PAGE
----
PlymouthRockOldWell

Plymouth Rock and UNC’s Old Well both add a Classical frame around their memorialized sites. This gives them an air of formality, but also a hint of solemnness, as if separated from the areas surrounding them.


Dennett’s and Bingham’s commercialism demonstrates the desire to profit retroactively from the Lincoln story and fame. Their original endeavor to commemorate Lincoln, by re-erecting an interpretation of the log cabin, held a selfless spirit. However, without an audience, neither their return on investment nor their objective to propagate the former president’s memory would be successful. By traveling, they sacrificed the fidelity of the model, but gained the money, fame, and goal of underscoring Lincoln’s legacy.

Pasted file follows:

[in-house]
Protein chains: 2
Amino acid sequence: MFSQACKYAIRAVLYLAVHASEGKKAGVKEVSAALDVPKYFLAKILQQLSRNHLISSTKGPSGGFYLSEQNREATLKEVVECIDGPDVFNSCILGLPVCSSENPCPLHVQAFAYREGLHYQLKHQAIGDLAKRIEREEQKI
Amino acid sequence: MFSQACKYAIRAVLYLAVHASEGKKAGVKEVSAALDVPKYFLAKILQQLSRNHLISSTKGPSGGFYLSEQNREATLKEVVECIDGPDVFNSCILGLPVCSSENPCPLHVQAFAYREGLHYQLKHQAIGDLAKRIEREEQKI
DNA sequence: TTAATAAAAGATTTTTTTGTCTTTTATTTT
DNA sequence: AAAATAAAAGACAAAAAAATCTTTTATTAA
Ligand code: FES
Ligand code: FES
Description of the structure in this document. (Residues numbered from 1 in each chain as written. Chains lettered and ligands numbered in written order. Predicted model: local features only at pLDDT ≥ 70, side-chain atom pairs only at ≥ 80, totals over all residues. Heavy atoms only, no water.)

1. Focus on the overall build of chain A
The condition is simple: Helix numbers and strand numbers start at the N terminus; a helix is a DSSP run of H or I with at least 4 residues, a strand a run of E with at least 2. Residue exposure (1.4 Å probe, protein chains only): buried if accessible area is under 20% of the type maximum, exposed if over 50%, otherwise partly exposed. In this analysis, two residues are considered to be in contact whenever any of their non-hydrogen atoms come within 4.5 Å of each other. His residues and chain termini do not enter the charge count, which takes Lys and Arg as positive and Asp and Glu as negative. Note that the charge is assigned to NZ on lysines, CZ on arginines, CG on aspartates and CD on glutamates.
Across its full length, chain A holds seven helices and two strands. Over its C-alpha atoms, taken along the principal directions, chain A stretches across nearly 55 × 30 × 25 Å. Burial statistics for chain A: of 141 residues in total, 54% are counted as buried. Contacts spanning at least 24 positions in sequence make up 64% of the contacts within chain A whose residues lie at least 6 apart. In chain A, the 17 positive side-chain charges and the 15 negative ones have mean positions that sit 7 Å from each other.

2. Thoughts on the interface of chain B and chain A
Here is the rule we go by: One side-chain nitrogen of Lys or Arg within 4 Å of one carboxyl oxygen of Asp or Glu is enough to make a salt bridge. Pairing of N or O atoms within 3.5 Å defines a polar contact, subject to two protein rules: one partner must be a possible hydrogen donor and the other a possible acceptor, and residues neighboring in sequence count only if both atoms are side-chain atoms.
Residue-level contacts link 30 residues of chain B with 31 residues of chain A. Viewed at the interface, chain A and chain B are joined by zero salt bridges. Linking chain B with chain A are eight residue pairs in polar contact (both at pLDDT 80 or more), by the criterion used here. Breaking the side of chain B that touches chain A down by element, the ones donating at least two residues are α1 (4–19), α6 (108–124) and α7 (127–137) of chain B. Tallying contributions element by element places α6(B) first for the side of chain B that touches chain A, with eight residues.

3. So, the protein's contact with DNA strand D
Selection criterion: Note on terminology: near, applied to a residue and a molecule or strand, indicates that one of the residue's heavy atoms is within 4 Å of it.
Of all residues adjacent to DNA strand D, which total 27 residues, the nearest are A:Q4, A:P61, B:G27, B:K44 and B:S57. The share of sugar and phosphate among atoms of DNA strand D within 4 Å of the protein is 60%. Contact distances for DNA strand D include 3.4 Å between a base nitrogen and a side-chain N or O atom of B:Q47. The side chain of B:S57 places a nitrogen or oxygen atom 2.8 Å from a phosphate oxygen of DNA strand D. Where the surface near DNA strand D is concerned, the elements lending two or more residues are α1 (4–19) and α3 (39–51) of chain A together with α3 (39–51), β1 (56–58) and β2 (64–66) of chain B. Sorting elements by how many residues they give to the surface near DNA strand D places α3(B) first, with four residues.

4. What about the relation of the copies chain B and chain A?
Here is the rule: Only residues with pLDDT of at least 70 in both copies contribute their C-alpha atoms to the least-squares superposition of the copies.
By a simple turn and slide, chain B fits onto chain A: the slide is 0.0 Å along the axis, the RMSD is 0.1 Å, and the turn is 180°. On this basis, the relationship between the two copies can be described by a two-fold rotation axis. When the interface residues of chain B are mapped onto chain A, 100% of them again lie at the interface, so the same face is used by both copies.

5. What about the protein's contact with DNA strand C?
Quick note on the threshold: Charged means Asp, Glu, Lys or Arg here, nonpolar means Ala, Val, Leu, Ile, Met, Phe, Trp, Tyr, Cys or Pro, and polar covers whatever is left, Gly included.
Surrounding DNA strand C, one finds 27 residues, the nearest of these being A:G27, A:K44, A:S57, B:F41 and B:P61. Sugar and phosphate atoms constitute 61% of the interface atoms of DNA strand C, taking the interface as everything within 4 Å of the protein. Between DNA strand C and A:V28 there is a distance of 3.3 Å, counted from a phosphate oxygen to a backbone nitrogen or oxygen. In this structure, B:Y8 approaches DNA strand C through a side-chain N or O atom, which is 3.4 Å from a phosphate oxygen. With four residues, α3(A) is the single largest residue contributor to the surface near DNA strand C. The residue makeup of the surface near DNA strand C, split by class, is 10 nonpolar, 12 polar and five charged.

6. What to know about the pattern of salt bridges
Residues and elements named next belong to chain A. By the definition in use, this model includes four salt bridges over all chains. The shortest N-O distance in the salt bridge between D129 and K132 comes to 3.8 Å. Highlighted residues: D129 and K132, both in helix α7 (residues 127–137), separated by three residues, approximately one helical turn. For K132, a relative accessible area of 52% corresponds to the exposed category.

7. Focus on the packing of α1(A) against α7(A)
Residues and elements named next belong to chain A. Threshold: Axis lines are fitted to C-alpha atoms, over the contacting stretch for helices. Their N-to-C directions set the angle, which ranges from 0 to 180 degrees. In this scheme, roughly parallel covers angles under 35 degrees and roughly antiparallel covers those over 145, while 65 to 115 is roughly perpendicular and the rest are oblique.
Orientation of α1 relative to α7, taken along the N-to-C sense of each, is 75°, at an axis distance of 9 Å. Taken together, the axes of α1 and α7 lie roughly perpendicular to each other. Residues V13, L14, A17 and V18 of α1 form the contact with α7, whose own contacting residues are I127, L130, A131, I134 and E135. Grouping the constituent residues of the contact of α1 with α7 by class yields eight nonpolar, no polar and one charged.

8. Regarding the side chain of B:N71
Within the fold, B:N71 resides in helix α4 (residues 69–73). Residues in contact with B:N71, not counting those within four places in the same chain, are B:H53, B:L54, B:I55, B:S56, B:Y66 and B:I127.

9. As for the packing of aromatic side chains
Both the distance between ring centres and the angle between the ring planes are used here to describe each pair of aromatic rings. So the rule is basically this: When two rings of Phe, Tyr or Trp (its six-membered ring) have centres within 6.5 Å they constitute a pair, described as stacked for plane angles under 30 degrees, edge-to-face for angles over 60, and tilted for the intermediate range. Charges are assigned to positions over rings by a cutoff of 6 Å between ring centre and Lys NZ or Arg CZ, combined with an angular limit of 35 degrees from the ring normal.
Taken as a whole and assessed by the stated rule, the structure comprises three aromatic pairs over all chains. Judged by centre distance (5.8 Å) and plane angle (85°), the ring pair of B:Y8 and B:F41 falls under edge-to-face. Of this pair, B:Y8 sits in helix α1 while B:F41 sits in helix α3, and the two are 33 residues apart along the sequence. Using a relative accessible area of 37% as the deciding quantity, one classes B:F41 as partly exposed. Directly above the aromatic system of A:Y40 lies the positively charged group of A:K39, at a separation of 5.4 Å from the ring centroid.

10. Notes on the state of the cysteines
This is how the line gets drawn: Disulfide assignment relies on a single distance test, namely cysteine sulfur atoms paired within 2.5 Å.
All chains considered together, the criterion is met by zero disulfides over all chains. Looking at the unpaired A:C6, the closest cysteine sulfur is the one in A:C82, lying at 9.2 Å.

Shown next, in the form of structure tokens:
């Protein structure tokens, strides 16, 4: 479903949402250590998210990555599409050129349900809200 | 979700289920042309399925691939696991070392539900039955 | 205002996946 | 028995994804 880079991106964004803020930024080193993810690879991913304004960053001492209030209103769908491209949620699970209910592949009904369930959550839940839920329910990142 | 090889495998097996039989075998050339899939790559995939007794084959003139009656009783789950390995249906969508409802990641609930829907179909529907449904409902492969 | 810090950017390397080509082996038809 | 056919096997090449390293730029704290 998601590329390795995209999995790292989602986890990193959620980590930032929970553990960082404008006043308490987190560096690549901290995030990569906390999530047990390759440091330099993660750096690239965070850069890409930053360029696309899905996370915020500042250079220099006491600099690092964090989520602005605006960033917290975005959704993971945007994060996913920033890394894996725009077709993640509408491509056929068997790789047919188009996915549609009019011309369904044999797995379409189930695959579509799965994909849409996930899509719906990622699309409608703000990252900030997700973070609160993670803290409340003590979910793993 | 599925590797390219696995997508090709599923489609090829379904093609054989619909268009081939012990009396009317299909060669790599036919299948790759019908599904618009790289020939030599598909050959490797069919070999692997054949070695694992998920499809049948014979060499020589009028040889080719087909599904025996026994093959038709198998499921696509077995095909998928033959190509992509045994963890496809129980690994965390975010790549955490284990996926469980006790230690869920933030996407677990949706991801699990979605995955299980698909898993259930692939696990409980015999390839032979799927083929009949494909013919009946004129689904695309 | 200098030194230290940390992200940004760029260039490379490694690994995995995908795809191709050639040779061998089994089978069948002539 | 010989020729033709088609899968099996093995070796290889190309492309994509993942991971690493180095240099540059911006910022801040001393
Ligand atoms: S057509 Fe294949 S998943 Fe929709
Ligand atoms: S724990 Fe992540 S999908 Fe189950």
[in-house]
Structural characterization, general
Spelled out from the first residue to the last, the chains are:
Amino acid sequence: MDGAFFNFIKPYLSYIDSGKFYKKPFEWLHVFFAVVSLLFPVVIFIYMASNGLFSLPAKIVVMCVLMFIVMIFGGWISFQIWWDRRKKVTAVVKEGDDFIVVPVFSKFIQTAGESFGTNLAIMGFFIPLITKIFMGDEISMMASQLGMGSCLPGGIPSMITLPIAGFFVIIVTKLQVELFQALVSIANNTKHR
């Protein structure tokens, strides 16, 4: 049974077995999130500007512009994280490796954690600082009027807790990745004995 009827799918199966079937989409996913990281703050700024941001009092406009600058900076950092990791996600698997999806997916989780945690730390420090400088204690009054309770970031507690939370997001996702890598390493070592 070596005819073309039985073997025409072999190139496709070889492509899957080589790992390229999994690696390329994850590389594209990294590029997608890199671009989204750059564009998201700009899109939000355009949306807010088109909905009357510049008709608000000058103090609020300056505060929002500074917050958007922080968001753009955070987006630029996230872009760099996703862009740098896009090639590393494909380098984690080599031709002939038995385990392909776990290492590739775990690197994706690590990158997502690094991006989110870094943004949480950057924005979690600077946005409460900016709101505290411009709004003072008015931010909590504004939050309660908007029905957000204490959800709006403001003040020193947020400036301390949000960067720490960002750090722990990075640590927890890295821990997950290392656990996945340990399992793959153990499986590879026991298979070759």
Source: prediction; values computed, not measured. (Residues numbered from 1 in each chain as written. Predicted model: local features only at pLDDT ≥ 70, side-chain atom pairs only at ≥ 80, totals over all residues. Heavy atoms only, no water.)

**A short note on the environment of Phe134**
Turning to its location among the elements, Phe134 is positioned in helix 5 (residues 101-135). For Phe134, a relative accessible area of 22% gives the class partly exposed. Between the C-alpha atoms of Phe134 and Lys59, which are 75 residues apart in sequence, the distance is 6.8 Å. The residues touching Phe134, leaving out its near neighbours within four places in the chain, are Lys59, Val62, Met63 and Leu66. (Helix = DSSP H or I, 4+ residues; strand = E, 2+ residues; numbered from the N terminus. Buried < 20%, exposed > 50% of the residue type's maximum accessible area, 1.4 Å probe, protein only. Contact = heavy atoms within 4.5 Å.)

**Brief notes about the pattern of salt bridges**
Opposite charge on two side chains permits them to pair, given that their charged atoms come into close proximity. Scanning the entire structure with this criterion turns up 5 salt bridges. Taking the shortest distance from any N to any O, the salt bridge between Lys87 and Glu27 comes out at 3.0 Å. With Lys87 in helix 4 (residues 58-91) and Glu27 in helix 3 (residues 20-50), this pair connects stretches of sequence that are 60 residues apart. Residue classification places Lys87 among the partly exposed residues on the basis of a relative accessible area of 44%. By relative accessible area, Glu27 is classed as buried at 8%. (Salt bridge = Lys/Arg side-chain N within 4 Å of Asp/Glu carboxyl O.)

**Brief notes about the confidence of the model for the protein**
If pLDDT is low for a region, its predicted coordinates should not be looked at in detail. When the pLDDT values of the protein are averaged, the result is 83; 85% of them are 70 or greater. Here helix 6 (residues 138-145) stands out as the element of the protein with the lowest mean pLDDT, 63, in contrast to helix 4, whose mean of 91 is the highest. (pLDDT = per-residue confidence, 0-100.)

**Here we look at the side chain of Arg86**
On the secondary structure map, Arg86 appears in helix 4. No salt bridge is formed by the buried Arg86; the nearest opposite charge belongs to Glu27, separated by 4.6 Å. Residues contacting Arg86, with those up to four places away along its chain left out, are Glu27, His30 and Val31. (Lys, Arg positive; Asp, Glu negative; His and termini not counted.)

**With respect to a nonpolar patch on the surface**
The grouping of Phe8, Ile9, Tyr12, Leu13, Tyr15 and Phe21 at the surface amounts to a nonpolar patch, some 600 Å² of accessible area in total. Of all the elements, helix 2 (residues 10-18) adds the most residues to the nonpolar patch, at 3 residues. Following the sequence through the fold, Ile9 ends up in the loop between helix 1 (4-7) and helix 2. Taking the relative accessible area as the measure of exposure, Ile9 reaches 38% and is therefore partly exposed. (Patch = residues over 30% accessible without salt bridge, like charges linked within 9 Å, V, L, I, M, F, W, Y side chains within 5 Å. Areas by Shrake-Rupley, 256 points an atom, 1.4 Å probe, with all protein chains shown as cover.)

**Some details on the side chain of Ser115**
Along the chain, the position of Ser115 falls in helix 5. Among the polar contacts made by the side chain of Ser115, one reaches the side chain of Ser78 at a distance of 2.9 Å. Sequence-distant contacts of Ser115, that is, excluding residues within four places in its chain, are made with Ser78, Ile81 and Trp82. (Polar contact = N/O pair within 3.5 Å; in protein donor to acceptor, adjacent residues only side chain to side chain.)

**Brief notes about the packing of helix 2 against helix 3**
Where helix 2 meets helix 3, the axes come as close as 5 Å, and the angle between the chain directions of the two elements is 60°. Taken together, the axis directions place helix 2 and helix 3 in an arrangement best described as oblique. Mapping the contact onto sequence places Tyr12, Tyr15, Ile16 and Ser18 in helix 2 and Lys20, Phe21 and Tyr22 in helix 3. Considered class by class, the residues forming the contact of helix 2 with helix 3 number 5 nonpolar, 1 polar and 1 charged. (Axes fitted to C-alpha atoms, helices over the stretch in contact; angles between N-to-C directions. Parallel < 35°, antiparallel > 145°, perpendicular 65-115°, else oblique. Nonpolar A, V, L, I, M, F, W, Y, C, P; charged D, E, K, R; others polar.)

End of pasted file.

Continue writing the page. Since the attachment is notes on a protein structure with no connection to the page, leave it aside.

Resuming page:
Including Davis’s home during the era of Jim Crow Laws was an easy way to pander to the full American audience. Where Lincoln would have been a decent advertising point for Republicans, Northerners, and Blacks, Davis would cater to everyone else, maximizing Dennett’s and Bingham’s bottom line. Because the logs of the two homes travelled together, they mixed. After returning enough logs back to Sinking Springs Farm, the National Park Service reconstructed the cabin. Ironically, cognitive memory dictated the cabin, and the logs used, were Lincoln’s, even though much of the structure was suspected to have originated from Davis’s model, and those that were from the original duplicate probably did not originate form the original single-room log cabin of the farm.